(3) The right conferred by sub-paragraph (1) on a superior or the creditor in a ground annual to receive a share of a value payment shall not be exercisable until—
(4) Where for the purposes of this paragraph a feuduty or a ground annual is required to be allocated or a feuduty or a ground annual or a part thereof so allocated is required to be discharged, the superior or the creditor in the ground annual shall execute and record in the appropriate register of sasines—
I beg to move, "That this House doth agree with the Lords in the said Amendment."
This long Amendment carries out a decision of this House during the Committee stage that the Bill should be amended by enabling owners of rent-charges in certain circumstances to claim a share of a value payment. When the Bill was drafted and passed by this House, it was thought that the rentcharge was normally covered by the site value, but evidence was brought to our notice by several hon. Members interested in this subject that there were many cases, particularly in Lancashire and Northern Ireland, where the rentcharge was, in effect, secured on the building, and if the building was destroyed and not rebuilt, the owner of the rentcharge had a very great claim to be considered in the distribution of the value payment. That principle was accepted in the Committee stage. It was a rather complicated matter to work out in detail, and the Amendment which I now move sets out the machinery.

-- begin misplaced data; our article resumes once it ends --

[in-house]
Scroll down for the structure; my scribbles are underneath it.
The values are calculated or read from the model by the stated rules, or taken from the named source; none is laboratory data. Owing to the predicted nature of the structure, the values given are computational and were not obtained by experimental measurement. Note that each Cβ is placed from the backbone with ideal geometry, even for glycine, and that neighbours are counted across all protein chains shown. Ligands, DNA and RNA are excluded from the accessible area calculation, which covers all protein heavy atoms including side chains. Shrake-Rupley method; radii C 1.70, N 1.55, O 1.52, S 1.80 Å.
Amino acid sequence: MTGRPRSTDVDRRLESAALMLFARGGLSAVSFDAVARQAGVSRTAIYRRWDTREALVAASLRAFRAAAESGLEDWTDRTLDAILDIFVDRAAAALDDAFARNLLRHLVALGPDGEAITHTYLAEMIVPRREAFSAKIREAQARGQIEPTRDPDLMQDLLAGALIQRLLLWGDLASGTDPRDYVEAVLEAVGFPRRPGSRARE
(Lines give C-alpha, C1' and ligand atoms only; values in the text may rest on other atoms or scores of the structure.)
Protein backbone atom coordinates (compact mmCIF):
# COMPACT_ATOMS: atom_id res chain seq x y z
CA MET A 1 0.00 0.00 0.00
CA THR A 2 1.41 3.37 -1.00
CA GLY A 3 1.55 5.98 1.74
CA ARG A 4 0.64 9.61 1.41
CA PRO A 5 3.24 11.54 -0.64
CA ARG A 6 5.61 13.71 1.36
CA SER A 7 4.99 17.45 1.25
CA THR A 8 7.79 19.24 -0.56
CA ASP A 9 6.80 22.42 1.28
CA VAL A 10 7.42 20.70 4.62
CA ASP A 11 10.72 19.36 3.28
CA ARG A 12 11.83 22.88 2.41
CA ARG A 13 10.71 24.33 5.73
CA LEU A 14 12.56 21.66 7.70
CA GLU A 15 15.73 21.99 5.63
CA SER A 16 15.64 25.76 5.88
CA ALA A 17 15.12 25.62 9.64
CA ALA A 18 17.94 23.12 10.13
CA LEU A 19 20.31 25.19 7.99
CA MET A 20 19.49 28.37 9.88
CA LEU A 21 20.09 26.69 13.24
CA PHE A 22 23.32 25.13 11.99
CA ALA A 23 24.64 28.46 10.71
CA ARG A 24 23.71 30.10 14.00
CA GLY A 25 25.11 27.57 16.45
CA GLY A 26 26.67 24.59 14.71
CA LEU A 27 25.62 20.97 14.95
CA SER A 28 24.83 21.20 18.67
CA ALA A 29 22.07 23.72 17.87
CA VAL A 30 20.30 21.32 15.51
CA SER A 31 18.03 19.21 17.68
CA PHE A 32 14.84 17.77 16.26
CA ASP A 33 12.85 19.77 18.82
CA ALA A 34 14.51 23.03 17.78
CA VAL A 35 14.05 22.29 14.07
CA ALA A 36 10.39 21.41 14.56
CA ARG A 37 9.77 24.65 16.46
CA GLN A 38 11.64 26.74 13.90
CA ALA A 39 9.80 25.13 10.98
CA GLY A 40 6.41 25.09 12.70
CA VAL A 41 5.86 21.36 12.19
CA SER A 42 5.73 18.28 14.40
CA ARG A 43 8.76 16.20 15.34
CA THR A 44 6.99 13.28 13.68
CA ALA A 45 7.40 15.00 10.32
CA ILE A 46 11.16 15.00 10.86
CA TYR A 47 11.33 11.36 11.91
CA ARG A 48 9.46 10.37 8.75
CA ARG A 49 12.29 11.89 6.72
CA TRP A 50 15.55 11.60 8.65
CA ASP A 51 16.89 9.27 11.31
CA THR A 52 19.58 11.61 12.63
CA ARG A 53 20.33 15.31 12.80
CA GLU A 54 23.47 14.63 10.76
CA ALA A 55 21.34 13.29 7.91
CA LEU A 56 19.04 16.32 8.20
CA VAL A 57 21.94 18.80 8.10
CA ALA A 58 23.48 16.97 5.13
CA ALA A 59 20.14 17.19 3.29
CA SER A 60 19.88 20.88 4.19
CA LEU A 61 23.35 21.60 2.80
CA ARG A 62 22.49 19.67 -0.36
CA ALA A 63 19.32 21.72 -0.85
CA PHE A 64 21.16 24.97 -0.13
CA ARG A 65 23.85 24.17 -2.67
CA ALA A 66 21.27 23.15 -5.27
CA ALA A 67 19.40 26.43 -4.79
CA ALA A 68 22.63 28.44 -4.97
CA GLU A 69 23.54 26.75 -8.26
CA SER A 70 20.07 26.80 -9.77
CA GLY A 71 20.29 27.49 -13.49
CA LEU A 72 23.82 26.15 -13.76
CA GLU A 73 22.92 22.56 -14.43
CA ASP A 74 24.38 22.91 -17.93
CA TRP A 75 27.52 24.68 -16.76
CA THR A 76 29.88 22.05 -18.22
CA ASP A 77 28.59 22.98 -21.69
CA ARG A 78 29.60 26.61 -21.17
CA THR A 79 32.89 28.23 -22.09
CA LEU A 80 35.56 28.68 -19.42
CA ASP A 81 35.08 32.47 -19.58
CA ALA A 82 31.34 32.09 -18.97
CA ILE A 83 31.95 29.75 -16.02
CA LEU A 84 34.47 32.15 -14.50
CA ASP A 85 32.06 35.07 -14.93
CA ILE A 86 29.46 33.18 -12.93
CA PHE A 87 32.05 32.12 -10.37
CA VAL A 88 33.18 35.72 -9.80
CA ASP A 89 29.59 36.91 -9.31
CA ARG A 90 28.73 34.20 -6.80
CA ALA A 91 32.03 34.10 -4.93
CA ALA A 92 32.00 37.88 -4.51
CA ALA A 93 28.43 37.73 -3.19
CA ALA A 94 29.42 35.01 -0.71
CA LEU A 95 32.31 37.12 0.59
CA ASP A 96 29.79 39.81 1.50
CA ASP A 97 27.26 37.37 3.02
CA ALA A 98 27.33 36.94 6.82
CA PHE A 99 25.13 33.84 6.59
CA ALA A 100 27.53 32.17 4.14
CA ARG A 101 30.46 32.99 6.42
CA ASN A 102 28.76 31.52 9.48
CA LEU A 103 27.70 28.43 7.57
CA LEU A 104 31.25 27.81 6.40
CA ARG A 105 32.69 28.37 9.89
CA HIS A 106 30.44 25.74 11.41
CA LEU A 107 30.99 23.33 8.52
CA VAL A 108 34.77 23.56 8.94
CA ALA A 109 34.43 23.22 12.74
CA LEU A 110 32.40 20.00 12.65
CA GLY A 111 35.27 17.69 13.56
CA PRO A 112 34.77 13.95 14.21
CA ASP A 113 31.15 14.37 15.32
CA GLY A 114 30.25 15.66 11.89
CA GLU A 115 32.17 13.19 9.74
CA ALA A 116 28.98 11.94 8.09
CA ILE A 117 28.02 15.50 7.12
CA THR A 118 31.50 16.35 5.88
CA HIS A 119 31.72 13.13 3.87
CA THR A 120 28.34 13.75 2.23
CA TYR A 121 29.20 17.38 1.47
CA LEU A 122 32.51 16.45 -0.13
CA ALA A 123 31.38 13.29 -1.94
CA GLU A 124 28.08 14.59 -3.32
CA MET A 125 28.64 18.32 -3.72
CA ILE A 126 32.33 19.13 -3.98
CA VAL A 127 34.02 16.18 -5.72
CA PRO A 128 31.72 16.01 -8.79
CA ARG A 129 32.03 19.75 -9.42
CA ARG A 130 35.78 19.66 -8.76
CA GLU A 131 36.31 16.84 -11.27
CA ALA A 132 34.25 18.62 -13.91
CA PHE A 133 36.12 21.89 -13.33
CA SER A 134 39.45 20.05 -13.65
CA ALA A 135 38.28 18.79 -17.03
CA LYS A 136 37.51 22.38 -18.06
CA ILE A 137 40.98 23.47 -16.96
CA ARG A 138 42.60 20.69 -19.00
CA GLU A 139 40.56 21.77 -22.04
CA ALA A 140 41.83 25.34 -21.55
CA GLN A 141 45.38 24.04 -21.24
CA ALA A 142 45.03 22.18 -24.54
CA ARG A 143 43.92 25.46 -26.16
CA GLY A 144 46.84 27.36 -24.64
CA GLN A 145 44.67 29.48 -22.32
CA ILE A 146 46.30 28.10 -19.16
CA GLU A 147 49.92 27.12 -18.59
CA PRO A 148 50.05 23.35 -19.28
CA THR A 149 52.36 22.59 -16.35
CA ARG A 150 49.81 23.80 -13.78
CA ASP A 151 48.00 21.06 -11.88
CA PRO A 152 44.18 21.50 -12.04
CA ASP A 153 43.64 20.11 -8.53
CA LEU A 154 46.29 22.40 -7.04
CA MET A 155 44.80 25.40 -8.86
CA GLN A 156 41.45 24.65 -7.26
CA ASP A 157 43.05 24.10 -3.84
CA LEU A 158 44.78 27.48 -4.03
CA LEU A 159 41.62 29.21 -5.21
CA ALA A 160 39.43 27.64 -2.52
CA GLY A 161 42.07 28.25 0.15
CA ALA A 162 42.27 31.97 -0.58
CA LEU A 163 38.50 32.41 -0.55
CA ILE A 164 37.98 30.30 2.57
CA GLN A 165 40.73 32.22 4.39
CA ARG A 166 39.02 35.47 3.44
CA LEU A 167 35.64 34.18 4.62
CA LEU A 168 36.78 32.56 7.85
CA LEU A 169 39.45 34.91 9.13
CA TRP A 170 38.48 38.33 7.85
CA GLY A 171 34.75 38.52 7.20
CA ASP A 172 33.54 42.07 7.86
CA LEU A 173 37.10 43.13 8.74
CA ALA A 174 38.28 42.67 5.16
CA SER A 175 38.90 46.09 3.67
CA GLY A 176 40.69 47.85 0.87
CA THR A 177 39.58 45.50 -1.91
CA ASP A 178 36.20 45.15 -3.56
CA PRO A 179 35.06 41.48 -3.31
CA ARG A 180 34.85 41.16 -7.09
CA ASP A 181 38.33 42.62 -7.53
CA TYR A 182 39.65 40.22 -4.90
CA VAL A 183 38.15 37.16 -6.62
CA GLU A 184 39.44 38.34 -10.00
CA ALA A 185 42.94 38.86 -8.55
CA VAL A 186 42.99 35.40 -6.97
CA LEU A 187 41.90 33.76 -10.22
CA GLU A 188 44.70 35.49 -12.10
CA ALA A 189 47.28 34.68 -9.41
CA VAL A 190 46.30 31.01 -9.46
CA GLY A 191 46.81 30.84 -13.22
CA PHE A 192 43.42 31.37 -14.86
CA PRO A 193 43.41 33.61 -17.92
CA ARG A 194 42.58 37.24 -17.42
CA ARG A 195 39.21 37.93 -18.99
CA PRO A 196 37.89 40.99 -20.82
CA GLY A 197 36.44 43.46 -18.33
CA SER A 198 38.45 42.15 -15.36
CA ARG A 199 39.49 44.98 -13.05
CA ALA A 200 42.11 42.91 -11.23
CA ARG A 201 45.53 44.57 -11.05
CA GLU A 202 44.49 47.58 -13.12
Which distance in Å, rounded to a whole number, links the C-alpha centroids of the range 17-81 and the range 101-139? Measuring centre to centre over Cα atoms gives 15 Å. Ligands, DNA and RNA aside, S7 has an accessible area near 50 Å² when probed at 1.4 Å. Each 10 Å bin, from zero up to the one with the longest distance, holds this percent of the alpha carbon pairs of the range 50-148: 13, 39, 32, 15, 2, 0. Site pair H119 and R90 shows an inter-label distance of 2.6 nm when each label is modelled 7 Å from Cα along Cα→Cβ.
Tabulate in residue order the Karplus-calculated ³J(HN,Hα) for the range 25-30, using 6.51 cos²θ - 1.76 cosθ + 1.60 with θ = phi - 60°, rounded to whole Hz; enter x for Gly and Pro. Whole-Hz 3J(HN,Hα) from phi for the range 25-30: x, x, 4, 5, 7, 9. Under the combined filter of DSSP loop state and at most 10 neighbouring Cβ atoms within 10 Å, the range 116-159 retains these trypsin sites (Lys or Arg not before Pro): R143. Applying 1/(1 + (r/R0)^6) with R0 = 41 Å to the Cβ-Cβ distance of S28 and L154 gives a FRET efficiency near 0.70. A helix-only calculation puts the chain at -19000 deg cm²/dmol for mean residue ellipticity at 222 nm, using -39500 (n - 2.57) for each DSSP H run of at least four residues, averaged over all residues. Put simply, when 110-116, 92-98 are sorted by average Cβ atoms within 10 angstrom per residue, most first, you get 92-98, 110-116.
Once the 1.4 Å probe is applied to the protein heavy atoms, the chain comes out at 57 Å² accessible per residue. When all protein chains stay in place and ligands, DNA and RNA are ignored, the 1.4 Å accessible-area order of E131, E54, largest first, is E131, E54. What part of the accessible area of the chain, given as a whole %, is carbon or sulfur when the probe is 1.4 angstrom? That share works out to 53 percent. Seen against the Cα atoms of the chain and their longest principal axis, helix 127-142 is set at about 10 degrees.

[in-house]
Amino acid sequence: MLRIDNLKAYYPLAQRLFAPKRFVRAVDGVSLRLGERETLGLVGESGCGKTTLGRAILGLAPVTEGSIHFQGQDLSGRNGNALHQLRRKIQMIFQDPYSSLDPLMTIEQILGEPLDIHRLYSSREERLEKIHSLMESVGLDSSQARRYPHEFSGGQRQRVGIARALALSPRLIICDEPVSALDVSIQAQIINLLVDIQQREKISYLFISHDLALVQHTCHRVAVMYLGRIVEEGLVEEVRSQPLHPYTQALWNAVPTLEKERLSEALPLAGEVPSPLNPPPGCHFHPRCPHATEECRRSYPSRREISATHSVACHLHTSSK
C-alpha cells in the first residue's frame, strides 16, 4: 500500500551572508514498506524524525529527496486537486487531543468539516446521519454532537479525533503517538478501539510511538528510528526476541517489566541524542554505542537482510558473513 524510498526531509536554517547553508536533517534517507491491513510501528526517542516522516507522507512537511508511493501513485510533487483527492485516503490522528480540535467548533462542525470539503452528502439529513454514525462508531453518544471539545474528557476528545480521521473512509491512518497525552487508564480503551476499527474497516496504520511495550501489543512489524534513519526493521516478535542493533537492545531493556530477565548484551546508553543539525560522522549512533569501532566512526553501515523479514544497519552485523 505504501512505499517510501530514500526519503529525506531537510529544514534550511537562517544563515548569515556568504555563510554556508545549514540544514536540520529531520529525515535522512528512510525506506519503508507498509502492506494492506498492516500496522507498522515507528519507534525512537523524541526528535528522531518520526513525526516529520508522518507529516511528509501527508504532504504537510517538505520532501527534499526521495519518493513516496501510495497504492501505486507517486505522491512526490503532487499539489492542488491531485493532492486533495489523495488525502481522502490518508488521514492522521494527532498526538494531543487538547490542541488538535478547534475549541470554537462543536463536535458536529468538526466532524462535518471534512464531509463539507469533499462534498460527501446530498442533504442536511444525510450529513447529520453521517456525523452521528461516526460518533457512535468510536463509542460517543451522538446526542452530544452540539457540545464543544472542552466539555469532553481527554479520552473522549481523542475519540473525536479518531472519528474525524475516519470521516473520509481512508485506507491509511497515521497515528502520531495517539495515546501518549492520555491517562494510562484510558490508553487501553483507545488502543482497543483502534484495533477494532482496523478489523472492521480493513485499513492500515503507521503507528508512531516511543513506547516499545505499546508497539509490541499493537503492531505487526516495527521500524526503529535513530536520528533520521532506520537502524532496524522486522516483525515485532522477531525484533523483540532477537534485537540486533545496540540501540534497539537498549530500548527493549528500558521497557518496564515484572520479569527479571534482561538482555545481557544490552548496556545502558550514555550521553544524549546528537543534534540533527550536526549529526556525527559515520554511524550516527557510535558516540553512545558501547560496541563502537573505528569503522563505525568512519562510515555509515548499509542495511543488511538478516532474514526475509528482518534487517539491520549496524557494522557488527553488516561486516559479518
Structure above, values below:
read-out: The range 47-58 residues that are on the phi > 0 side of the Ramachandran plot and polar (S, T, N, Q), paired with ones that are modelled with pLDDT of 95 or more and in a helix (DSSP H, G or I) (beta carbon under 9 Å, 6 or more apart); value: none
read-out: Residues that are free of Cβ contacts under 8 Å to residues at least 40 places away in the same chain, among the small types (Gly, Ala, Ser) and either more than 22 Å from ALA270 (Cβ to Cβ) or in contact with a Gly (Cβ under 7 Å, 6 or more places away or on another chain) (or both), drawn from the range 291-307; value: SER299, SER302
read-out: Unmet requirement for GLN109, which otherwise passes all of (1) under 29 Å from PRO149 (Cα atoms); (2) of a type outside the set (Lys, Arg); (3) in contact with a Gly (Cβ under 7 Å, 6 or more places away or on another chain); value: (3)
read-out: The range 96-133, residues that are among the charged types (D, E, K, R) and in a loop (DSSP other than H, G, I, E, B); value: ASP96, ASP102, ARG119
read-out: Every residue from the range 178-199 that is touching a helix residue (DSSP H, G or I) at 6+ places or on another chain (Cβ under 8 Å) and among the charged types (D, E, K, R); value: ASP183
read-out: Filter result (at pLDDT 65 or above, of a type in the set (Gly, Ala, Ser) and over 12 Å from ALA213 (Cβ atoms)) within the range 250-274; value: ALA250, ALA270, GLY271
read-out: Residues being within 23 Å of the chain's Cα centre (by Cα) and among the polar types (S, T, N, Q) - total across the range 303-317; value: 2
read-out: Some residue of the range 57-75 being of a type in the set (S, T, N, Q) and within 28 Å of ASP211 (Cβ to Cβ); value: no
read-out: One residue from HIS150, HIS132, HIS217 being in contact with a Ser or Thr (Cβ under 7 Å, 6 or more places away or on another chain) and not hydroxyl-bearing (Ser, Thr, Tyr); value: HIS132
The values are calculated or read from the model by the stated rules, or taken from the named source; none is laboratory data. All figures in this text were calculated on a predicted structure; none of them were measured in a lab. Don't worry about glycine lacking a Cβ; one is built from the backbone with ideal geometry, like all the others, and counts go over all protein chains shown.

Briefly, the rentcharge owner is entitled to come in and claim, if the annual value of the damaged property is below the value of the rentcharge secured upon it.' He has also to show that rebuilding is unlikely, because, if rebuilding takes place, he will be back where he was before. If he gets a share of the value payment, that reduces the rentcharge pro tanto. There are very great complexities and I will indicate some of them. A rentcharge may cover several properties, only one of which may be damaged, and you have to arrange for a proportional allocation. There may be different owners of property covered by a single rentcharge. There may be different owners of rentcharge on a single property. The area covered by the rent-charge may not coincide with the Schedule A contributory areas. There may be a mortgage in front of the rent-charge or a mortgage behind it, or the rentcharge itself may be mortgaged. After that brief indication of the complexities, I am sure that the House will realise that this has been a complicated matter.
I do not process to be an expert on rentcharge, and I cannot therefore express an opinion as to how the Amendment will meet those very great difficulties. This matter was brought to my notice by the Law Society, with which I am very closely associated in Manchester, and I cannot allow this Amendment to pass without asking permission to express to the Chancellor and to the Law Officers our deep appreciation of the kindness they have shown us in considering a matter which is of very great importance.
Most of them are consequential or drafting in character. One or two might require a little explanation, but none raises a point of principle and if the House is content to treat them as consequential they could be taken together.
I do not think any of those with which I am dealing and which apply to Part I require explanation unless explanation be asked for. Others affect the Board of Trade, and I do not know whether my hon. and gallant Friend can say the same as I have said.